Anonymize your online footprint

May 30th, 2020
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  1. Anonymize your online footprint
  3. Whether you are protesting in person or working in digital spaces (or both) covering your browsing habits, metadata, and search histories is important. These can be ordered as evidence, or can expose others even months or years later. Even without a court order or direct governmental surveillance, your data history can be bought from aggregate services, both legally and illegally.
  5. On the internet, you are tracked. You are tracked everywhere you go, whether by your ISP, advertisers, cookies, or the site itself. This will be your IP address (a unique identification number per network), where in the world you roughly are, other places you have been on the internet, and often what social media accounts you hold. Even just the browser you use can tell someone who you are because of the ‘headers’ your computer sends, called a Browser Fingerprint. Because there are only so many combinations of hardware and software, you may have a unique “fingerprint” simply because your computer’s particular combination is rare. See:
  7. Personal privacy on the internet has been eroded from all sides, including advertisement and commerce, weak government protections, hacked databases, products and services which leak your information (via selling it or accidentally and ambiently). But also, the internet was never really made to be anonymous. It takes work anonymize your information.
  9. ~~~
  13. On phones / other smart devices:
  14. Turn off your phone or leave it at home
  15. Police can track phones through cell towers - this can confirm your presence or identify you later
  16. Messages can also be intercepted by “stingrays”, which pose as cell powers ->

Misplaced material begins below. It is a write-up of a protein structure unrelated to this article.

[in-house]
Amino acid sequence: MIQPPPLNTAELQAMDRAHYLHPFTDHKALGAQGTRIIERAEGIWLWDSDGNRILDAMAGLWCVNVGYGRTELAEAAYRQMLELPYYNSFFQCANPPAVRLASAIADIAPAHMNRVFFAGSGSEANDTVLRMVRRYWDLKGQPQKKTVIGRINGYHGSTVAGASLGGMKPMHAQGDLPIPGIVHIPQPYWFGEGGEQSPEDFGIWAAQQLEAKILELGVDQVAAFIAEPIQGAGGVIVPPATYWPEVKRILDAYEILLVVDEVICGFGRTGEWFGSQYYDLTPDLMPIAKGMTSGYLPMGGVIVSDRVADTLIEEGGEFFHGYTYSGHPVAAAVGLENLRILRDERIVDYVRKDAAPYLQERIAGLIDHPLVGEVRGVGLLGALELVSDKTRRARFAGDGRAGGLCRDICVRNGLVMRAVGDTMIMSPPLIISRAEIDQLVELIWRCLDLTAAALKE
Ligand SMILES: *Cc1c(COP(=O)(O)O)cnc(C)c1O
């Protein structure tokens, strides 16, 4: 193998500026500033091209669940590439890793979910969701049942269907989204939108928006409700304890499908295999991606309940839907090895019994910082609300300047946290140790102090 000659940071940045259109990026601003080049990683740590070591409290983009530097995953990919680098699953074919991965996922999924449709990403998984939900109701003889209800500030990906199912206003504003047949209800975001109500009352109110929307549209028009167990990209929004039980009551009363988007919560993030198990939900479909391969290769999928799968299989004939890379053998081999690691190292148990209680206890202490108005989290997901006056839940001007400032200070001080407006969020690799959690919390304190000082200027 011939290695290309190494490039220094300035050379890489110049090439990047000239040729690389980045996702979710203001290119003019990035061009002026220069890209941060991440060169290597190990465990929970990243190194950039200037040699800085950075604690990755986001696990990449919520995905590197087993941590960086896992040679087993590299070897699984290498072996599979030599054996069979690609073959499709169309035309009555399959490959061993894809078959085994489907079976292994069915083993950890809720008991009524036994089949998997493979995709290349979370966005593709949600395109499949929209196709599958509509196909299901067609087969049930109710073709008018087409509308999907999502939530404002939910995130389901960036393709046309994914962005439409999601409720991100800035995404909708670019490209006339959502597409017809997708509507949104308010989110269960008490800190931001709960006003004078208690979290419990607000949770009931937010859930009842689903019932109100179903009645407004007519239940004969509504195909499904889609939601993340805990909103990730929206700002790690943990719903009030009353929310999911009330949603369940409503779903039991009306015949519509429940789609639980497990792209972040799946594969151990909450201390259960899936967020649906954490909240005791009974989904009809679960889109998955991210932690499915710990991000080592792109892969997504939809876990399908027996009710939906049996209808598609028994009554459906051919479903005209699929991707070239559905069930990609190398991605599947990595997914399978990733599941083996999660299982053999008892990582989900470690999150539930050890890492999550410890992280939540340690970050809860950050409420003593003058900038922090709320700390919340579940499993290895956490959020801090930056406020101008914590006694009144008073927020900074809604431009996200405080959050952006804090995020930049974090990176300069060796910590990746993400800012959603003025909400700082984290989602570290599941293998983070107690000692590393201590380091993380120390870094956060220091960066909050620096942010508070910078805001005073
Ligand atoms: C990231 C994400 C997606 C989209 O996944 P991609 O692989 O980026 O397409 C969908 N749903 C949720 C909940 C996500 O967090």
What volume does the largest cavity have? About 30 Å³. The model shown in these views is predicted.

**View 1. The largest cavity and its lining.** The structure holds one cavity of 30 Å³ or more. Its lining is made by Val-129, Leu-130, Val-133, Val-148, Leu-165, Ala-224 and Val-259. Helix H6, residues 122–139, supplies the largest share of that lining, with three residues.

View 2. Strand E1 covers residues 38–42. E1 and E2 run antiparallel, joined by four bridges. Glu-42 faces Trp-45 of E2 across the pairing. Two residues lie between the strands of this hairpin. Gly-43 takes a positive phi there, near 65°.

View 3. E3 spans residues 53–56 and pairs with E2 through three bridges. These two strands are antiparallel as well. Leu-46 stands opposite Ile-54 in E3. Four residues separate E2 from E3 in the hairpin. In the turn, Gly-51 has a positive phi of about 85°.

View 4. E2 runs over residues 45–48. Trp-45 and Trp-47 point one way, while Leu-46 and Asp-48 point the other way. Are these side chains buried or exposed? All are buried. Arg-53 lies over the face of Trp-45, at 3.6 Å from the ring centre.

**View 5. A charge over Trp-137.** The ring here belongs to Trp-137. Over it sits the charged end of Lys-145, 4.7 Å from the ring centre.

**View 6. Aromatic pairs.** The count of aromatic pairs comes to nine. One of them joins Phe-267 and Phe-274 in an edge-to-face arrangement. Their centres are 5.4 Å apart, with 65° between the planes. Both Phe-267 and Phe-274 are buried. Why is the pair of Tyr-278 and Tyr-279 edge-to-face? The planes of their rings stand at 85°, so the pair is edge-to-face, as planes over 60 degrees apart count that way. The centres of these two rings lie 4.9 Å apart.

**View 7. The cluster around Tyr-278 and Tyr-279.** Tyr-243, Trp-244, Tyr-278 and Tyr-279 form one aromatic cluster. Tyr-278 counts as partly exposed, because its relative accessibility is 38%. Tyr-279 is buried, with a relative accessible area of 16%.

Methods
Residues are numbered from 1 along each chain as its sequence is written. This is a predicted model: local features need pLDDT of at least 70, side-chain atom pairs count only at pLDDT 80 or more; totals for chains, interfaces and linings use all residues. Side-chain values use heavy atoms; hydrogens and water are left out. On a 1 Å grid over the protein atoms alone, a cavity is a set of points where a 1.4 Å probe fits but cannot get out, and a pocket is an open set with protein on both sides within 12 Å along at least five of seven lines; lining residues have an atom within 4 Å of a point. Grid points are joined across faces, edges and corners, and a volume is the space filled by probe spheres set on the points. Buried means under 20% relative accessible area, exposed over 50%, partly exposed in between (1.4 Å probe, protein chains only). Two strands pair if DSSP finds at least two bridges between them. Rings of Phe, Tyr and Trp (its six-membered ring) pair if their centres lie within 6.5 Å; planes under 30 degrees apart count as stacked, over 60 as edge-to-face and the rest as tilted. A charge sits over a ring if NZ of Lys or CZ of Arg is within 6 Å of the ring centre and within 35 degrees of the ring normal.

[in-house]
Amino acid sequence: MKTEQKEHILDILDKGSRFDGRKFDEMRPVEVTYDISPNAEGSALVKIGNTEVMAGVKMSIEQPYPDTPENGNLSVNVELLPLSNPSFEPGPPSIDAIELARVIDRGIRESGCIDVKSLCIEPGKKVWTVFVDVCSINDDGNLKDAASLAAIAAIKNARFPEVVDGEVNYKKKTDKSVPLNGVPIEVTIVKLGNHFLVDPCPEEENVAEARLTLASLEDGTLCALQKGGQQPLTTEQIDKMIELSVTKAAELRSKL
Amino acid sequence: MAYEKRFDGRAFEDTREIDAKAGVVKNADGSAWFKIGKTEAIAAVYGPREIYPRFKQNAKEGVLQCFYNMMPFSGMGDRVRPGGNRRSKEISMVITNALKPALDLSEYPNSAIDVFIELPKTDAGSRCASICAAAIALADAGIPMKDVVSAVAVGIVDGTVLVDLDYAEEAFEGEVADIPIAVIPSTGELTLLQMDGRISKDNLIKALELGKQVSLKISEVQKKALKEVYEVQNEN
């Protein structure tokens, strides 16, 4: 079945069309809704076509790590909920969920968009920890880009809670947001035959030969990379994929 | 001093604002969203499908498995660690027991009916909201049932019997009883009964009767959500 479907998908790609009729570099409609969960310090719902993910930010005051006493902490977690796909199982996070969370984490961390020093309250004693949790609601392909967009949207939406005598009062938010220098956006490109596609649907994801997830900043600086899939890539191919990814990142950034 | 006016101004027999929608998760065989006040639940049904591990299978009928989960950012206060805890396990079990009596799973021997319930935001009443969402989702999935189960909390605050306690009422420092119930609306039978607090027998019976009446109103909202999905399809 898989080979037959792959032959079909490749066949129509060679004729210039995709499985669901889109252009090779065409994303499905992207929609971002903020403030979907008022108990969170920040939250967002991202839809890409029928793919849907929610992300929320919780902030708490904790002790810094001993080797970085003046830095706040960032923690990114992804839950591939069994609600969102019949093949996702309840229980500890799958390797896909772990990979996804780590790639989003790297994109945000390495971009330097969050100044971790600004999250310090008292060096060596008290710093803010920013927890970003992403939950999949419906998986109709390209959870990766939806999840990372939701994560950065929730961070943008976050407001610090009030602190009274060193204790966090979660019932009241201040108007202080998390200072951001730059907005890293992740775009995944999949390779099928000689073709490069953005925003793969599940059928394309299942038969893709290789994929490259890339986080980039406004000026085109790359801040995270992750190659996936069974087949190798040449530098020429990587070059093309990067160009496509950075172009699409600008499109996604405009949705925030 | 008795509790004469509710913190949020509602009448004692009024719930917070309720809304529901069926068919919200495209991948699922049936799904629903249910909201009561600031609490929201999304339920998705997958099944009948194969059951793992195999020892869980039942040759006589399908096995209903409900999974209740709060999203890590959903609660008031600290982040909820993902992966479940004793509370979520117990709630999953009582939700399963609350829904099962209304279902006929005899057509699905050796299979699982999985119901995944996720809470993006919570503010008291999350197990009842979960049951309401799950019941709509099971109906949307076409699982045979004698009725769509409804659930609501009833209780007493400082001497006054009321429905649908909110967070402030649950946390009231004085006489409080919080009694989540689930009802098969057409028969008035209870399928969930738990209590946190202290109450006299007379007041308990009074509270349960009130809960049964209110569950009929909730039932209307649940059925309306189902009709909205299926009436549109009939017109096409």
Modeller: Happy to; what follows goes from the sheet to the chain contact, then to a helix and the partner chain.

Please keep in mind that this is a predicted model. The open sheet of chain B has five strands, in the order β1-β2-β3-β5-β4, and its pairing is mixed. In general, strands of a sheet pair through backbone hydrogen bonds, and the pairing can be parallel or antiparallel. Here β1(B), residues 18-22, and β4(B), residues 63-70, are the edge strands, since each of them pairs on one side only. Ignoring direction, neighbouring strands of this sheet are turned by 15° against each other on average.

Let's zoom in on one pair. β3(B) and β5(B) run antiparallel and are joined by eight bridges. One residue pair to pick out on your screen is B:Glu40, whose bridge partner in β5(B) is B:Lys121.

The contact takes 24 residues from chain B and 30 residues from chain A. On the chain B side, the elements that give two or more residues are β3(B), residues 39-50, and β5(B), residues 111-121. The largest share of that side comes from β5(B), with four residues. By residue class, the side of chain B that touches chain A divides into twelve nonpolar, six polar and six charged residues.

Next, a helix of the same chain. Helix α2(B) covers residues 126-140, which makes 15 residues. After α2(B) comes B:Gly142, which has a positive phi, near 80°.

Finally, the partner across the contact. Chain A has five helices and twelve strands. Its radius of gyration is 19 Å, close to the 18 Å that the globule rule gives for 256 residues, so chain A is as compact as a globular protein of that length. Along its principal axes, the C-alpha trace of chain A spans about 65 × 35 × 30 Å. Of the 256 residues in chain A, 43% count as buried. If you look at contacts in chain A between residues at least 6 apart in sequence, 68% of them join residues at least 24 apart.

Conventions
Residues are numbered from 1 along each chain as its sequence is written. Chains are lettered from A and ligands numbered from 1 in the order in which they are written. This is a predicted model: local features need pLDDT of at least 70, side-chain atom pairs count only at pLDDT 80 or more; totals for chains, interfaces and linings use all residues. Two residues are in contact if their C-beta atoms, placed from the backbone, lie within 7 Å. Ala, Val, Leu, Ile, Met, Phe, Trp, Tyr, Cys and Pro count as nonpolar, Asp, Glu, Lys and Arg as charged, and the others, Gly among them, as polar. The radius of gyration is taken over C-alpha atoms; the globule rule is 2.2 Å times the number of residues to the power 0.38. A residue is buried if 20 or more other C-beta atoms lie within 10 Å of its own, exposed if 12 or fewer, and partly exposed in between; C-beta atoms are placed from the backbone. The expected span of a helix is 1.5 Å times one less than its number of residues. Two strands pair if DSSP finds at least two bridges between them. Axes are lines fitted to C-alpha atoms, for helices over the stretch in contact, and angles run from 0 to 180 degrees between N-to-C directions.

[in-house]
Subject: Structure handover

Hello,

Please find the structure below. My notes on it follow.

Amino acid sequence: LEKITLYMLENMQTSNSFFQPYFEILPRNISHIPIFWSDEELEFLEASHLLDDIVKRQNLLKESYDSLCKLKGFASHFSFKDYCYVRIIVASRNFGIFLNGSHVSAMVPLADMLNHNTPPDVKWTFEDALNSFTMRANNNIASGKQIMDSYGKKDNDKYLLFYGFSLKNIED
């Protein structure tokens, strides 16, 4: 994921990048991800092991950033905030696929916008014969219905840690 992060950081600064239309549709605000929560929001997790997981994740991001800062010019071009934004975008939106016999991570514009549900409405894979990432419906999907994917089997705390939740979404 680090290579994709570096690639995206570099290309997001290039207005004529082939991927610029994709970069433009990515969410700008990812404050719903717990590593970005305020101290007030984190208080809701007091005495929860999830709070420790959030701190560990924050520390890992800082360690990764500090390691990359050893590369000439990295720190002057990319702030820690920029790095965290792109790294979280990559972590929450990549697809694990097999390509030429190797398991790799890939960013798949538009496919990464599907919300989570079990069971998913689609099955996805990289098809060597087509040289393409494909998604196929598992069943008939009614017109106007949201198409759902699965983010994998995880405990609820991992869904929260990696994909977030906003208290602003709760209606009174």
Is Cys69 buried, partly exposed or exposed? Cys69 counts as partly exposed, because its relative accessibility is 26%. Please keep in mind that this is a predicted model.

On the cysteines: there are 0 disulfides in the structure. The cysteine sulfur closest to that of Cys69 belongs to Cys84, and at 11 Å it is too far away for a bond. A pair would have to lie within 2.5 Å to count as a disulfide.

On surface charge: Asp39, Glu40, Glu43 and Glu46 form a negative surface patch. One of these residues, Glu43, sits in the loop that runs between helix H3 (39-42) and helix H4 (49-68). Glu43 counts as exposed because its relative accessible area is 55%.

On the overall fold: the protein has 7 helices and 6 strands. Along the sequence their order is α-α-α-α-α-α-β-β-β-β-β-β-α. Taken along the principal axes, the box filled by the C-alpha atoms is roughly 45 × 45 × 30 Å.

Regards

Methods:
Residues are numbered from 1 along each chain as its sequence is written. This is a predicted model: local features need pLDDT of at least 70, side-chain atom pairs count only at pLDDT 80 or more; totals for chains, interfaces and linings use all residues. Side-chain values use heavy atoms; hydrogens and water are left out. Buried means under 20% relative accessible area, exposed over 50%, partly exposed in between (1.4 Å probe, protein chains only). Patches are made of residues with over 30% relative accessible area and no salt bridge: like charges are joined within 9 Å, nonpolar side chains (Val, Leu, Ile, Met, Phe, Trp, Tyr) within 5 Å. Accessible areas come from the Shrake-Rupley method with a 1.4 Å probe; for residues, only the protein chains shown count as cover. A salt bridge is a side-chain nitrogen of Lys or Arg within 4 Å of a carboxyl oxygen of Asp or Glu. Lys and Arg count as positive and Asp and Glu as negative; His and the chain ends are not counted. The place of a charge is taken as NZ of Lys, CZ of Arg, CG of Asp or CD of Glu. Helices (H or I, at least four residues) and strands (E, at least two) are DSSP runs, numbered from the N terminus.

17. If you use Android, leave it at home - they have a history of being hacked by police- >
  18. If you have an old/spare/burner phone, consider bringing that instead- even without a sim card, having an empty phone that can connect to wifi and bluetooth might be helpful.
  19. If you do bring your phone
  20. Think about what you have stored on it and if it could put you or anyone else at risk. Delete contacts and messages as needed.
  21. Back up your data, in case it is lost.
  22. Set a difficult passcode
  23. NOT face or thumb Id, not a year or all one number in a row
  24. Turn off home screen notifications - don’t let anything show without unlocking your phone.
  25. Set your phone to go to lock screen extremely quickly
  26. Turn on airplane mode, which will keep your phone from broadcasting.
  27. Make sure that Airdrop isn’t on.
  28. If you lose your device or it is confiscated:
  29. Revoke access & log out of applications remotely
  30. Changing your password to accounts can sometimes force a log-out
  31. Or you can do it manually per account- search “<service name> revoke access for devices”
  32. Use Signal or other encrypted messaging systems to communicate
  33. Police can still surveil metadata (when you’re sending messages to, when) but not the actual contents of an encrypted message
  35. TURN OFF LOCATION SERVICES!! This will keep you from attaching GPS coordinates to photos.
  36. iphone ->
  37. android ->
  39. On taking photographs:
  40. Photographs can be extremely useful, but:
  41. Take photos without unlocking your phone
  42. Do not take pictures of anyone that could be identifiable
  43. If you capture a person in a photo, BLUR OR BLOCK THEM OUT
  44. After you take pictures, screenshot them to remove exif data
  45. Exif data stores information on the image such as shutter speed, if a flash was used, date and time, and GPS information. See- >
  46. This can be evidence - don’t post something directly, but screenshot the image so that information is overwritten.